On the 24–28 November, Ministers of Interior, Health and Home Affairs, Heads of National Statistical Offices and regional development partners from across Asia and the Pacific will be gathering in Bangkok to discuss a key emerging issue in the developing world; that of civil registration and vital statistics (CRVS). The concept of comprehensive civil registration may seem second nature to us – almost 180 years of registration of births and deaths has helped us internalise both our place in the state and the associated lifelong rights that this registration entitles us to. But where do our registration systems stand in a global sense and what are we doing to export the lessons of 180 years of CRVS in practice?
The efforts of UN ESCAP and others to advocate more comprehensive and functional registration systems in developing countries may act as a useful prompt for reflection upon our own systems. While they may be relatively advanced, they are by no means perfect, and potential areas of improvement may help maximise domestic benefits whilst also providing a model for the developing countries of the world.
For the sake of this blog post, CRVS is broken down into two of its core components – registration of births and deaths – although this is by no means a comprehensive summary of CRVS issues.
It is estimated that around the world, the births of some 230 million children under the age of five are currently unregistered. The aim of the Bangkok meeting is to counter the threat to the rights of these children who, as things stand, are “invisible” to policymakers.
There are a number of obvious and not so obvious implications of under-registration that would pertain, not only to the early years of life, but also to potentially pervasive, lifelong impacts on the unregistered.
The case of Myanmar (also known as Burma) is a valuable example of the consequences of poor CRVS. A recent census – the country’s first in over 30 years – revealed that Myanmar has around 9 million fewer people than official estimates thought. This overestimation would be the equivalent of overstating the number of UK inhabitants by the entire population of Northern Ireland, Scotland and Wales combined.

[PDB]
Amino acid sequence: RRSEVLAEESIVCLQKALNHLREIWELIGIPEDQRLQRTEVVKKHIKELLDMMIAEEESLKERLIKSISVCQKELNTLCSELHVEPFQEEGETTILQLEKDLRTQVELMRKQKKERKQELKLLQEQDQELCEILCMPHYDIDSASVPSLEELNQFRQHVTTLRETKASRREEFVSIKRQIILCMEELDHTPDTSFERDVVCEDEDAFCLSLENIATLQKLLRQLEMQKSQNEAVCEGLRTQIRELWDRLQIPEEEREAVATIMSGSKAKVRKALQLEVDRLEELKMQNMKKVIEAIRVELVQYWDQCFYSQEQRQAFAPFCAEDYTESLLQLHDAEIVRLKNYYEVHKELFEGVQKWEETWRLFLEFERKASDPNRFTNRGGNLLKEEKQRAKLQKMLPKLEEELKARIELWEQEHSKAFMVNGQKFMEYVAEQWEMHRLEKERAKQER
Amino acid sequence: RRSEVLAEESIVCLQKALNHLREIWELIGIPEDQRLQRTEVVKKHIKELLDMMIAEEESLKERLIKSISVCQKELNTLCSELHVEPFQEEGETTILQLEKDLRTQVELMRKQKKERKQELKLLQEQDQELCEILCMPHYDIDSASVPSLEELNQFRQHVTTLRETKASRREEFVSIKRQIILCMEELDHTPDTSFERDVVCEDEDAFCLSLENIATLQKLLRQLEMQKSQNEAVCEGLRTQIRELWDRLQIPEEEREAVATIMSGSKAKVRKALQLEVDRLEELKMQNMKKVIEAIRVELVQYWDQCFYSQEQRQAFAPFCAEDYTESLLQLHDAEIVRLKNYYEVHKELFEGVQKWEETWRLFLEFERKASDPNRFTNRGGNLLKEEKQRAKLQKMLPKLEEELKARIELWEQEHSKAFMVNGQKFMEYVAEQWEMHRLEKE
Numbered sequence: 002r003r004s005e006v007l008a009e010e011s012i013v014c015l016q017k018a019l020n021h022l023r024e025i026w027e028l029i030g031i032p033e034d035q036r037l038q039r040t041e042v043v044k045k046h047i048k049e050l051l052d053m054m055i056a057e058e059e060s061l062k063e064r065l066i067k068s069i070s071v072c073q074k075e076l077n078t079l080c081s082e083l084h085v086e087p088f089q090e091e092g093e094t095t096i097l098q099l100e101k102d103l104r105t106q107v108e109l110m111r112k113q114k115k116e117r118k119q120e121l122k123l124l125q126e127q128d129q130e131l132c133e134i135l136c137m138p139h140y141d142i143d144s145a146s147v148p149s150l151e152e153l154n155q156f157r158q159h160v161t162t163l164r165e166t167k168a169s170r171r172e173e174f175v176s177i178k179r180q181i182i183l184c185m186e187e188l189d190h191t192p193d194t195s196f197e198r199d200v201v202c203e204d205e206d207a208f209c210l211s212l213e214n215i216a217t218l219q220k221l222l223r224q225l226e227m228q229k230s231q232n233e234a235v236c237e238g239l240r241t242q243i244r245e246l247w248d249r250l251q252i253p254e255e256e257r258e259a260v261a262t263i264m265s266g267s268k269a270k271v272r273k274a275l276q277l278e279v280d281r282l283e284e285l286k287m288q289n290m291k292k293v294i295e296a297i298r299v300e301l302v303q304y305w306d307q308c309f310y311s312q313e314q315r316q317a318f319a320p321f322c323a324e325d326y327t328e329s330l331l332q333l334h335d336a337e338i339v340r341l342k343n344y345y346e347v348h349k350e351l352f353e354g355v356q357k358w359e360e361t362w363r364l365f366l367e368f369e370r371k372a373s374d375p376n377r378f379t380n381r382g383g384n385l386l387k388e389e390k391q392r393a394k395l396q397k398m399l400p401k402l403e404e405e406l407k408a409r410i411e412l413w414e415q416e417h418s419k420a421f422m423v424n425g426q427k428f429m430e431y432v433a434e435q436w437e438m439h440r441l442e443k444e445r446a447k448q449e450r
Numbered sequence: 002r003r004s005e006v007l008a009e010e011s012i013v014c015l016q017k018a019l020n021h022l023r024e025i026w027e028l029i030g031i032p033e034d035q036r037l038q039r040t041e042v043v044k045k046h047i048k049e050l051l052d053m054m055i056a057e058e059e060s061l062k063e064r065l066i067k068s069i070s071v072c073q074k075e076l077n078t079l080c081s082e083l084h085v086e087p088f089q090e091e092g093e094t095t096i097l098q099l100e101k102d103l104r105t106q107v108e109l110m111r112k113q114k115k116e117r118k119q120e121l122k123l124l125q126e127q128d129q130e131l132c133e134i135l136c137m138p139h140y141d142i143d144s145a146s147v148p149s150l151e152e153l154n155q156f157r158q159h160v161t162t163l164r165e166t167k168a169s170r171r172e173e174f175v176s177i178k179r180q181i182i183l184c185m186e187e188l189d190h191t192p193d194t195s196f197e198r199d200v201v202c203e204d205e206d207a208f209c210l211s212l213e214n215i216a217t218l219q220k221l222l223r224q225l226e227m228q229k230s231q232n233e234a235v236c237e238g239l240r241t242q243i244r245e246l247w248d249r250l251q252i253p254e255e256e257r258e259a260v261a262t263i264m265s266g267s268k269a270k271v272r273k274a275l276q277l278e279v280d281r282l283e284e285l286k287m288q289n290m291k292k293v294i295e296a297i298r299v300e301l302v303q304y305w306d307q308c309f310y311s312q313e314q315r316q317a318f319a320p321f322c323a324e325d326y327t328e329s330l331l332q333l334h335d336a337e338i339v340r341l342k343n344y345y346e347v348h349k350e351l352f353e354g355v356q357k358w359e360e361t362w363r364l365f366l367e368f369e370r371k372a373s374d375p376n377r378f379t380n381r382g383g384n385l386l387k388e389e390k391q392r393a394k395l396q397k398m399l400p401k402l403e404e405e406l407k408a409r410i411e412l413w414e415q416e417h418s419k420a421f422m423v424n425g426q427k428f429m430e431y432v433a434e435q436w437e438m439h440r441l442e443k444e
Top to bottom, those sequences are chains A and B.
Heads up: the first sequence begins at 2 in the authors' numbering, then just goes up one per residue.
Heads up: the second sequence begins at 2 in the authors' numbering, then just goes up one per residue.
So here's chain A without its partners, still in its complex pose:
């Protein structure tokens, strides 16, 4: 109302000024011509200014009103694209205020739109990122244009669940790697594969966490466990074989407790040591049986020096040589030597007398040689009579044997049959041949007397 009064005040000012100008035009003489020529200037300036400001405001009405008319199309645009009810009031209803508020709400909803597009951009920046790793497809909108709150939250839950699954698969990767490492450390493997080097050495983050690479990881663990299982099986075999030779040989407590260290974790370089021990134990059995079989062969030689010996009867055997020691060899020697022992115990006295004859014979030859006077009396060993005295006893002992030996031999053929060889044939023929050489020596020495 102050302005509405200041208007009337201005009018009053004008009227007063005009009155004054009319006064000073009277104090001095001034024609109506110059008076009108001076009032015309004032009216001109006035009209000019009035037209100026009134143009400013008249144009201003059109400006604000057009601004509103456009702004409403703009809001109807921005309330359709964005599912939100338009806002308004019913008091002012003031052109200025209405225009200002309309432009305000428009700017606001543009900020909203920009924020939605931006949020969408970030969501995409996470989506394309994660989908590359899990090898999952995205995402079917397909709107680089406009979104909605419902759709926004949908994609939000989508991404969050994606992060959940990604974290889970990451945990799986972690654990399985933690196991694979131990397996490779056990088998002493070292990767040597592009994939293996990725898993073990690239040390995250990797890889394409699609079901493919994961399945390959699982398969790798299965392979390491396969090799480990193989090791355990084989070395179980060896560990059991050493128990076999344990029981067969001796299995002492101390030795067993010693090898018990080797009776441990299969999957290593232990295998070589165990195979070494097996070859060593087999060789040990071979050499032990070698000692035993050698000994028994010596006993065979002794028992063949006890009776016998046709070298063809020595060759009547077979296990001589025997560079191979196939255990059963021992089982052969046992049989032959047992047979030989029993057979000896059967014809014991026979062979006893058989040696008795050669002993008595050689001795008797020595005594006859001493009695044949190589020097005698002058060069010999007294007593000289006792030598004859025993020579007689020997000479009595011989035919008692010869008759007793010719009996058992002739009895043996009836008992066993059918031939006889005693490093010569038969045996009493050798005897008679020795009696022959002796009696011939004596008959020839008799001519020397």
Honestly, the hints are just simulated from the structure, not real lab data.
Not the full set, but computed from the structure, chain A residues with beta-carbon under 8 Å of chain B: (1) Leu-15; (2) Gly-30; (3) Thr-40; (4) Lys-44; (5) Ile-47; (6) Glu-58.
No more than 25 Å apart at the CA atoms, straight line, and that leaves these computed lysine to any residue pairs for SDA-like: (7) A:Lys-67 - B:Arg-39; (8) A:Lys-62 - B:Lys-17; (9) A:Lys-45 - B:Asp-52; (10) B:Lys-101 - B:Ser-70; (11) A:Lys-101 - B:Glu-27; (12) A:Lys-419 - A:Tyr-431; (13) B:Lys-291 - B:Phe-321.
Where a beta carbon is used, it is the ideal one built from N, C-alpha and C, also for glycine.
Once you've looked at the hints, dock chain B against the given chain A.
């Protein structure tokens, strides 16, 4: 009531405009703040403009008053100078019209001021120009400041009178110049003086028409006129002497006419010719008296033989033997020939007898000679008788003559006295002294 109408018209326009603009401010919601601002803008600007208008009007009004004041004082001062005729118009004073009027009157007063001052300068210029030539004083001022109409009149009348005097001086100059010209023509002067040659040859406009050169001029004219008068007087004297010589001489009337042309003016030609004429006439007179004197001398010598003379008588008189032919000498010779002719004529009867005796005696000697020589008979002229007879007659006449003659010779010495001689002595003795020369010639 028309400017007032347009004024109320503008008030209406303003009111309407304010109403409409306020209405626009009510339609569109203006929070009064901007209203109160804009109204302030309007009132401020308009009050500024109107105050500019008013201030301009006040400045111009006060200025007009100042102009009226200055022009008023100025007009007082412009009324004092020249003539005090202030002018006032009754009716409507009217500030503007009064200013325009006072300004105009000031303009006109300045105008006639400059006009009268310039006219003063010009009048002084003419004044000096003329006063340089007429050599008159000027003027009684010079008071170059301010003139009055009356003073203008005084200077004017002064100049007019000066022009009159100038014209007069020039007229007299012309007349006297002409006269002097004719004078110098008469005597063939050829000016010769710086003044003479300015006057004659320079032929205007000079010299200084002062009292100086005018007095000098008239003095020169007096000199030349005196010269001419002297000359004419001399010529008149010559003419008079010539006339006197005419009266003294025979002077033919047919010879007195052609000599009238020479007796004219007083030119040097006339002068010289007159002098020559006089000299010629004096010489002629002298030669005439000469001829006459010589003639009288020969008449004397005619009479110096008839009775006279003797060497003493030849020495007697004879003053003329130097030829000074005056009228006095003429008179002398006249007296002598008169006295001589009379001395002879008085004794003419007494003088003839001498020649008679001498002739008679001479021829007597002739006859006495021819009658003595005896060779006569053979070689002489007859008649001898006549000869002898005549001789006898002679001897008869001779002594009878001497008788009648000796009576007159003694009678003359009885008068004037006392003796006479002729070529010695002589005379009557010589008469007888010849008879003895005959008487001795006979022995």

The estimates by the Myanmar Department of Labour were based on fertility and mortality rates that were themselves based on the 1983 Census. Despite the difficulties with conducting a census in 1983 (at a time of significant civil conflict), the scale of the inaccuracy is unlikely to be solely due to an incomplete census or even the substantial number of Burmese workers abroad. Inadequate CRVS systems, both around the time of the 1983 Census and ever since, are likely to have exacerbated errors in the underlying fertility and mortality assumptions and thus the inaccuracies of population estimates.
The importance of comprehensive registration in the UK
To put the consequences of poor registration systems into a domestic perspective, if we imagine applying the registration rate of children under five in Pakistan to the UK, it reveals that the UK would have over a million unregistered under fives.
This “invisible” million might be affected in a number of ways throughout their lives.
- Healthcare and education – Being unregistered and without medical records might compromise uptake of post-natal NHS care and immunisation programmes in a child’s early years. Even though, unlike in some countries, the provision of NHS services does not exclude those without birth certificates, certain services requiring proof of age (e.g. free prescriptions) may also be unattainable.
- Social security – Limited access to benefits may impact entire families – child benefits and tax credits require official documentation of children to be provided by claimants.